Let me make this clear, I believe that Minch is sincere and should be commended for attempting to stand up to an out-of-control, predatory industry. Unfortunately, her plan is fatally flawed due to the Federal Reserve subsidized securitization of revolving credit via the TALF program. TALF is essentially the bastard child of Geithner's PPIP concept, where retail debt is securitized and the Federal Reserve Bank of NY makes low interest, non-recourse loans for near 90-95% of the face value of the securitization to interested buyers. The buyer then pledges the newly purchased and likely overvalued securities as collateral for the loan. TALF has been accepting credit card debt since May and has potentially put the taxpayer on the hook for around $20.1 billion.
If any sort of organized default activity were to occur, the credit card companies would simply pile more debt into the TALF dumpster (The minimum loan amount is $10M and there is no maximum.) While I don't expect Ann Minch to know any of this, I find it difficult to believe that Smith is unaware of this. After all, she is an eminently qualified financial expert, just ask her:
Although I believe ideas should stand on their own merit, rather than on their author's credentials, I also recognize that readers want some assurance that they are not quoting a 13 year old or a dog. I have undergraduate and graduate degrees from Harvard. I have been working in and around the financial services industry since 1980 and have had over 40 articles published in venues such as The New York Times, Institutional Investor, The Daily Deal, U.S. Banker, Bank Mergers & Acquisitions, The Conference Board Magazine, BRW Magazine (Australia), and Boss Magazine (Australian Financial Review).
What Smith fails to mention in her bio is that she is also the President of Aurora Advisors, which is a financial management consulting firm serving Wall Street. Smith knows damn well that credit card lenders like JP Morgan Chase, Citigroup, and Bank of America (aka her potential and, perhaps, current clients) wouldn't be significantly impaired by Minch's debtor's revolt. The participants who would be harmed are the taxpayers, as usual, and the debtors. To be fair, Smith gives a half-assed warning about trashing your credit and statutes of limitations on the claims of creditors, but since she didn't look into the actual consequences to the debtor, it's fairly clear that's not where her sympathies lie.
In reality, if you walk away from a credit card debt, your account will go into collections after 30 days and your FICO score will be reduced dramatically. This may very will trigger drastic interest rate increases on your other cards. Eventually, the account will be sold at a deep discount to a collections agency that will harass you for payment for several months. Once they give up, they'll resort to legal means. You will be sued in civil court and if you fail to show up, a default judgement will be issued for the debt and the collector's legal fees and wage and asset garnishment will likely occur. If you insist on a trial, you won't have a leg to stand on, so the results will likely be the same, plus your legal fees. Don't underestimate the capacity of the civil courts, either. Every debt court that I've observed was a well-oiled machine in which default judgements were rendered at the pace of a standard auction.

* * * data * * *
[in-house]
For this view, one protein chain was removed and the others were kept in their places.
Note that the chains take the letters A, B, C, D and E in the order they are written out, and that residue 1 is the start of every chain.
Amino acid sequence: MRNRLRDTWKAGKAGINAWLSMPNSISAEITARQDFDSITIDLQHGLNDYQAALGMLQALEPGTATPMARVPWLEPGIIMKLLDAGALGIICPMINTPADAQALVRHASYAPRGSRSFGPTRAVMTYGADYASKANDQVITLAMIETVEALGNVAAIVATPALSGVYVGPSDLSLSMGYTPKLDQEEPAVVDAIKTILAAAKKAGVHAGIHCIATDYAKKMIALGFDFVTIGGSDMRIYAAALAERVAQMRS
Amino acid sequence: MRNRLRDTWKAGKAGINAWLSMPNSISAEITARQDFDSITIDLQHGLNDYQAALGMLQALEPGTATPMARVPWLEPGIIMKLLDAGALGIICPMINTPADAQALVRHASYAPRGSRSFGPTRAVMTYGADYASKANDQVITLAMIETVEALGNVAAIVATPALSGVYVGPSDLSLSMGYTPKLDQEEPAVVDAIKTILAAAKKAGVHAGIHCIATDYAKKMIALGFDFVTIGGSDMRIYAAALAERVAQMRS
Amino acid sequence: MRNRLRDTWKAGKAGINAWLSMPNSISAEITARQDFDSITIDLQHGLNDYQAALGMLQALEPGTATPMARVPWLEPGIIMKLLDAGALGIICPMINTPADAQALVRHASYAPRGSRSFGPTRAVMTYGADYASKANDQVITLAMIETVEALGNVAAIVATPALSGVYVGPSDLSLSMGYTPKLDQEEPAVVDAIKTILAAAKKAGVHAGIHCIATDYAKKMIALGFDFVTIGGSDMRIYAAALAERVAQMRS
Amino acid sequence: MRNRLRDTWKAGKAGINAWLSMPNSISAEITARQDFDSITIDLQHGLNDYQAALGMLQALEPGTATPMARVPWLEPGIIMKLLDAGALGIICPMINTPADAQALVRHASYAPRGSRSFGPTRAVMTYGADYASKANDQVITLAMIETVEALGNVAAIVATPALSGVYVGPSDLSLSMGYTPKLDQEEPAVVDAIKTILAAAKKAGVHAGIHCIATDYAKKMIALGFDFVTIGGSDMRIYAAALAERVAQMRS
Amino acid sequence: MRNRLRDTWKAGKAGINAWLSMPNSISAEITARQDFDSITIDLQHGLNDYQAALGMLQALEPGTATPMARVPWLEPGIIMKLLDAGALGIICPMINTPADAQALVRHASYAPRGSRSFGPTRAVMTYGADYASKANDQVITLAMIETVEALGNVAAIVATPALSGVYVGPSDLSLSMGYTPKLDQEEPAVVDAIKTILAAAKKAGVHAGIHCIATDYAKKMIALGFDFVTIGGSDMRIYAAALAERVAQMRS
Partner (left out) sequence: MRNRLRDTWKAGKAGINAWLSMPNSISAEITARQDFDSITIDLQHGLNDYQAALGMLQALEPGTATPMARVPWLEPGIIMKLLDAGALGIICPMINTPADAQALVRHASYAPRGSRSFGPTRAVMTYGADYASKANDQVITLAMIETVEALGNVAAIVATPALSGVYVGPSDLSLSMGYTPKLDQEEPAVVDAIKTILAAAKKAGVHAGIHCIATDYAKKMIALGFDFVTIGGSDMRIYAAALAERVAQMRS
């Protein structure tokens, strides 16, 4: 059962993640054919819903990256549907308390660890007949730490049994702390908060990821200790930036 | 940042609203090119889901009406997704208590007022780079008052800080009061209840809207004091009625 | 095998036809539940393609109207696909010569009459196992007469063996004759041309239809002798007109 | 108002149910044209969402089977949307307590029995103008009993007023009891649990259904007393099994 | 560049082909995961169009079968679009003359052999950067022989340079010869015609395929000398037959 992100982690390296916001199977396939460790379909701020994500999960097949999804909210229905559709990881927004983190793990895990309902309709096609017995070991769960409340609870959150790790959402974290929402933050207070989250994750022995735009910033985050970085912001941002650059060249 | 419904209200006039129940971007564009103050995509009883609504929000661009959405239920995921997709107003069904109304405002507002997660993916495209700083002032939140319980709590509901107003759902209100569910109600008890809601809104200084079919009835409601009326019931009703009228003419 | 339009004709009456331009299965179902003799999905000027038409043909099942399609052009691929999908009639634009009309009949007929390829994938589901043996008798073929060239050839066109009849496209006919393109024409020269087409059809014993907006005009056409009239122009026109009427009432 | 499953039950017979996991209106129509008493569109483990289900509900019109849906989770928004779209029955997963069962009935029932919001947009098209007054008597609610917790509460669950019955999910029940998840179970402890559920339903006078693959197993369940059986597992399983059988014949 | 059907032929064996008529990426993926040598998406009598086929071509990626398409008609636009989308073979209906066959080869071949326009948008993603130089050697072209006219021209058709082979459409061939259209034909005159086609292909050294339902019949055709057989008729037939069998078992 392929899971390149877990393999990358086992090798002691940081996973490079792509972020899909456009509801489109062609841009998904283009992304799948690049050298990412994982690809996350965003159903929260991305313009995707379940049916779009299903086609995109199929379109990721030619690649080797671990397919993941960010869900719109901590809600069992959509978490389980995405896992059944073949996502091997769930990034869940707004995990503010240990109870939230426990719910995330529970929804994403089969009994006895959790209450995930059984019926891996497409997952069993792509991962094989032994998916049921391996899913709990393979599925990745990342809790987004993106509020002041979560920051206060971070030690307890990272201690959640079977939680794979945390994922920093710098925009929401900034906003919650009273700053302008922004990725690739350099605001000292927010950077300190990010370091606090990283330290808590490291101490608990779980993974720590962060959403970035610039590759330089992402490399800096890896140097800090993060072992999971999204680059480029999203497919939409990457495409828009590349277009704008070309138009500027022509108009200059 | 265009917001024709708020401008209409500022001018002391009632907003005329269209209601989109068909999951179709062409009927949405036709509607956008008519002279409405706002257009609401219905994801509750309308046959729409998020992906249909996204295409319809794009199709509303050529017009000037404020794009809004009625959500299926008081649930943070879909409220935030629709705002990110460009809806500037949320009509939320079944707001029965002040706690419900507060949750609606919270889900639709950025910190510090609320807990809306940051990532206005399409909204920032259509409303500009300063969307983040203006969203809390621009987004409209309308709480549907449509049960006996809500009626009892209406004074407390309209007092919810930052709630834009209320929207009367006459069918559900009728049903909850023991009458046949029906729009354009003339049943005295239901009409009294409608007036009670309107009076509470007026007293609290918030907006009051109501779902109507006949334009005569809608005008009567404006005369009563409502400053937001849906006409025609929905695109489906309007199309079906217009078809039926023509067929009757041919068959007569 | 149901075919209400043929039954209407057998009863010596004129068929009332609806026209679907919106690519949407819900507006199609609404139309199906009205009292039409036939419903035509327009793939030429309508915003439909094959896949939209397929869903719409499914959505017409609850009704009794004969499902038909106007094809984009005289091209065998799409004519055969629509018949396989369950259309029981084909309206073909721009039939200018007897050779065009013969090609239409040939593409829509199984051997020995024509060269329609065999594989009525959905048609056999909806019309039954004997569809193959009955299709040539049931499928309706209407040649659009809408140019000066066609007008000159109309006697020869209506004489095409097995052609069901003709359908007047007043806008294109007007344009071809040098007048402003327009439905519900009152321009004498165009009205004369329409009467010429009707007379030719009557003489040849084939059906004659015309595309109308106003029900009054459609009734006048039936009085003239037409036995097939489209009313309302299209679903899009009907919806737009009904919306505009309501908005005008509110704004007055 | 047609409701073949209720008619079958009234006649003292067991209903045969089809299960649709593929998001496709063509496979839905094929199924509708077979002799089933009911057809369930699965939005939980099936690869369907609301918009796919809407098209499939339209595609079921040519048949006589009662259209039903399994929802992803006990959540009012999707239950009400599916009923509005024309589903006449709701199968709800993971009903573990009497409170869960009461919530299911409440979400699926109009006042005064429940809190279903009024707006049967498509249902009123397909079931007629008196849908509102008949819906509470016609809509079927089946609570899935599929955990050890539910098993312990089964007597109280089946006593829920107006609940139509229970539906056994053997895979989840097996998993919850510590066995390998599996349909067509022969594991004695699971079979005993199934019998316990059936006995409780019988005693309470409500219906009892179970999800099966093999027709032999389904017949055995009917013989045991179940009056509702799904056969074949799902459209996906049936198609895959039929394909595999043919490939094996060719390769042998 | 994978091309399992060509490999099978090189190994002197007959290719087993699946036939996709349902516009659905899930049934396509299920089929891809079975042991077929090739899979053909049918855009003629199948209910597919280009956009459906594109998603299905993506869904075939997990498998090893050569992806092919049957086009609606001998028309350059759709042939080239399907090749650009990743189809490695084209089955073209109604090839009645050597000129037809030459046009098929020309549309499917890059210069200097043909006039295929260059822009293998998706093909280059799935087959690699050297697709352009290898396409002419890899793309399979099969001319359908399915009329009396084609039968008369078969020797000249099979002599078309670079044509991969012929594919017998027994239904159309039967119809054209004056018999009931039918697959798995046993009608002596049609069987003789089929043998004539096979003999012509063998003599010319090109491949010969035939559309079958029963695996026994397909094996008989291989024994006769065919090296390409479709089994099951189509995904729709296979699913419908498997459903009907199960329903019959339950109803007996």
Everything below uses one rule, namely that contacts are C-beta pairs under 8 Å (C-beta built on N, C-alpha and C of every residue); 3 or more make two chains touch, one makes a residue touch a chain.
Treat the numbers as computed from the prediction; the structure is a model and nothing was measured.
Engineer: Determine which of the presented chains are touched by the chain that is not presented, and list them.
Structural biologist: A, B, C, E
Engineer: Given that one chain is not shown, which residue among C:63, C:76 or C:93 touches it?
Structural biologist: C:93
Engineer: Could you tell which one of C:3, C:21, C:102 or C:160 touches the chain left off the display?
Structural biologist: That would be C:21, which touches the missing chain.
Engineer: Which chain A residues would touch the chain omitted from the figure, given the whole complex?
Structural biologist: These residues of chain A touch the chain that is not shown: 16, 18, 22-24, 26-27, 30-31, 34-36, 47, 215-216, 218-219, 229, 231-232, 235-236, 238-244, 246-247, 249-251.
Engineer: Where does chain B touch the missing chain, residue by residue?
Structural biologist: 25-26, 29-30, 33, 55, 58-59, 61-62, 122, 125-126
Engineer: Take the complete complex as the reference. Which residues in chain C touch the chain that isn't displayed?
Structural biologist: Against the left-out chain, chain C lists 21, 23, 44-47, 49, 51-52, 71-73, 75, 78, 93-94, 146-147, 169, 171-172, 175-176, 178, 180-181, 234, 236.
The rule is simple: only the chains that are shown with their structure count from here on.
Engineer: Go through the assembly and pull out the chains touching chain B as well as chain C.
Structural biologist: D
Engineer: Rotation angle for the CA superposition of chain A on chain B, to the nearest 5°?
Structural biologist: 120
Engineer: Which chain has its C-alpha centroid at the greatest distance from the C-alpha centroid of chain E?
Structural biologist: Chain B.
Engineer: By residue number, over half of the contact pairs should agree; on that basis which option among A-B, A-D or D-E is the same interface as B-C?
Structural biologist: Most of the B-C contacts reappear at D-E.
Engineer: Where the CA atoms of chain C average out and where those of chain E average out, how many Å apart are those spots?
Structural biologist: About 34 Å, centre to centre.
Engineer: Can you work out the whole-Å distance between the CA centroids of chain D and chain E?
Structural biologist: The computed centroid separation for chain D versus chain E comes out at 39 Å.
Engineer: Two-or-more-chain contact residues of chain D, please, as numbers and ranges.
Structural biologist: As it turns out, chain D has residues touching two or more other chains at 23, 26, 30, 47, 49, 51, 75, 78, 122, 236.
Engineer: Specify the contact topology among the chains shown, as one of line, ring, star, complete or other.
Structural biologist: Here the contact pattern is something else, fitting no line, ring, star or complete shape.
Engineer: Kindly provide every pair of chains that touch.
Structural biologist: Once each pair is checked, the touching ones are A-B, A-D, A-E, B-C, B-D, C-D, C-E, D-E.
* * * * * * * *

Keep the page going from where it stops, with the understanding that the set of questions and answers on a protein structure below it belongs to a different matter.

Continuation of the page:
Employers hate garnishment orders of any sort and view them as grounds for refusing employment. If you're already employed, they can't legally fire you for the garnishment resulting from a debt, but they can always manufacture another reason. In the video clip, Minch states that she is aware of the consequences, is judgement proof, and is willing to take the heat. From what I observed in the 4:28 minute clip, under no circumstances would I screw with Minch without the benefit of a concealed straight-razor and a good pair of track shoes. For the rest of us, this strategy probably makes sense only if you are planning on filing for bankruptcy and can pass the means test for debt discharge (Ch.7 vs Ch.13).
Is Smith hopelessly naive or is she shilling for the Man? I really don't know. Everybody is here for a reason (including myself) and I doubt it's bloggers who are punching Smith's meal ticket. In fact, in Smith's position, writing a blog critical of Wall Street would appear to be one of the dumber things she could do. Is it possible that the adoration of anonymous strangers is worth risking your livelihood for? Who knows? The take away here is that it hasn't gotten any wiser to allow others to critically think for you.